Enterprise death watch

I can’t help but feel that this month’s cover story might strike some readers as somewhat oddly timed.

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By  Imthishan Giado Published  November 23, 2008

I can’t help but feel that this month’s cover story might strike some readers as somewhat oddly timed.

We’re going in-depth with Ford’s new Sync system which – on paper, at least – promises to integrate the office environment into the car like no other system. The tie-up with software giant Microsoft hooks phones directly in the audio system, allowing drivers to interact through voice only and have text messages read to them while on the move.

It’s the first collaboration between a major IT firm and an automobile organisation to work on an open platform to develop applications – it should be big news. Unfortunately, Ford has been recently grabbing headlines for all the wrong reasons.

CEO Alan Mulally has just returned empty-handed from Washington where he went jointly with the heads of the other Big Three automakers to – there’s no other way to describe it – beg for a share of the enormous US$700 billion dollar bailout fund for the US economy. It certainly needs it – the firm recorded a third quarter loss of $129 million and a scarcely-believable $8.7 billion in losses in the previous one.

Ford’s troubles are of course, well documented. The company persisted with its flawed product mix of gas guzzler SUVs and pickup trucks well past their heyday in the 1990s. Investments in the small car sector only started to gain traction last year when the firm was forced to acknowledge that record fuel prices were now factoring heavily into buyer decision-making. Ford was in the midst of a recovery strategy this year that centred around smaller, ‘Crossover’ SUVs and small cars – but the devastating impact of the credit crunch has left it reeling.

Ironically, it may be its investment in cutting-edge technology that ultimately enables Ford to escape the Chapter 11 fate that awaits other US domestic automakers. While GM and Chrysler are desperately trying to alter their product mix to catch with Japanese competitors who have been ahead of the curve for decades, Ford scored an unlikely hit with its unassuming Focus coupe, which offers the Sync system as an option for $395. Sales of the vehicle are up 20% this year and many dealers have attributed to the presence of Sync which is slated to be available across its model range by next year.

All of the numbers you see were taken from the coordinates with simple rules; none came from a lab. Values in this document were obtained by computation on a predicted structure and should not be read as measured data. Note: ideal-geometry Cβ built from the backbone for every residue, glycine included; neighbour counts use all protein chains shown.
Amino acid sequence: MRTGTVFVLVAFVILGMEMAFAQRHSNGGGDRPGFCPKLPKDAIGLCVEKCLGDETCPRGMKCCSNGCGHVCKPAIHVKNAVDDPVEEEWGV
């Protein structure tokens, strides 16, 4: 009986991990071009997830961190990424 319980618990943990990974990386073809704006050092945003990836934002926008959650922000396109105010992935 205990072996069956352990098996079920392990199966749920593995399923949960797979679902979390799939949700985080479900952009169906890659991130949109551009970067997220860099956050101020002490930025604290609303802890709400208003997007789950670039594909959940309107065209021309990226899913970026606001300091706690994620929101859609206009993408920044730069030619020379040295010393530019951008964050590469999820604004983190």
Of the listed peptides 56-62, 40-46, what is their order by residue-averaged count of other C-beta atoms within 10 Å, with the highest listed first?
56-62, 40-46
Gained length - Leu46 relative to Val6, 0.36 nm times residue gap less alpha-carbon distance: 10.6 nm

There might be a hint of light at the end of the tunnel. But if Ford survives its current predicament, it will not be because it makes the best cars. It will be because its product offers consumers – and by extension, enterprises – with something that is not available with the competition, something which provides added functionality for a nominal cost.

If you’d like an idea of where this story can lead if Ford ignores market indicators, just take a look at Motorola. The mobile titan once ruled the handset market with its popular range of devices, but last quarter recorded a loss of $397 million. Like Ford, it made two crucial errors.

First, it put all its eggs in the aging RAZR platform for consumers – because it was cheap to produce and remained wildly popular in the US – while overseas rivals built products that enterprises from around the world would integrate with their systems and could be customised to their specifications. When the American market started to contract, the firm was left without a single viable enterprise product.

Secondly – it’s much vaunted collaboration with Apple failed to provide a device that clicked with consumers. Motorola was left with the much-vilified ROCKR, while Apple went on to create the iPhone – which is now breaking out of the consumer space and starting to threaten Research In Motion’s BlackBerry stalwart in the enterprise messaging market.

So Ford – if you’re listening – take note: Talk to your customers – not just in the US – when they tell you what they want. Pursue innovation, even if it seems expensive during a recession. Have an alternative ready for when your Sync exclusivity agreements ends later this year.

And above all, don’t ignore the ability of technology to transform the nature of your century-old business. It may well be the only avenue you have left.

Imthishan Giado is the deputy editor of Arabian Computer News.

3527 days ago

I'm afraid the facts won't back up your premise. No one has invested more money in the U.S. in buildng manufacturing ability for large suv's and truck than Toyota. It is the one part of the market they did not control and they built a 2 billion dollar plant in Texas and added capacity in their plants elsewhere in the U.S. No one marketed big trucks and suv's with more money or gusto in the U.S. than toyota in recent years. And then consider this...the 2008 car of the year winner was the Chevy malibu, not the Accord. The 2007 Car of the Year winner was the Saturn Aura (another gm brand) not the Camry and the current holder of Motor Trend car of the year is the Cadillac CTS...not a lexus or infiniti or acura. And just last week the Opel Insignia (another GM brand) was named the European car of the year. Further, each of those vehicles gets the best fuel economy and has the best warranty in its class. I'm not sure on what you would make your case that GM (and the other automakers) is behind the japanese in development of cars. While there may have been some truth to your premise even a soon as 3-4 years ago, there is no longer any truth to it any more and in fact a more than decent case to be made the other way. And that big toyota truck plant in texas is sitting idle at the moment while the workers still take home full pay.

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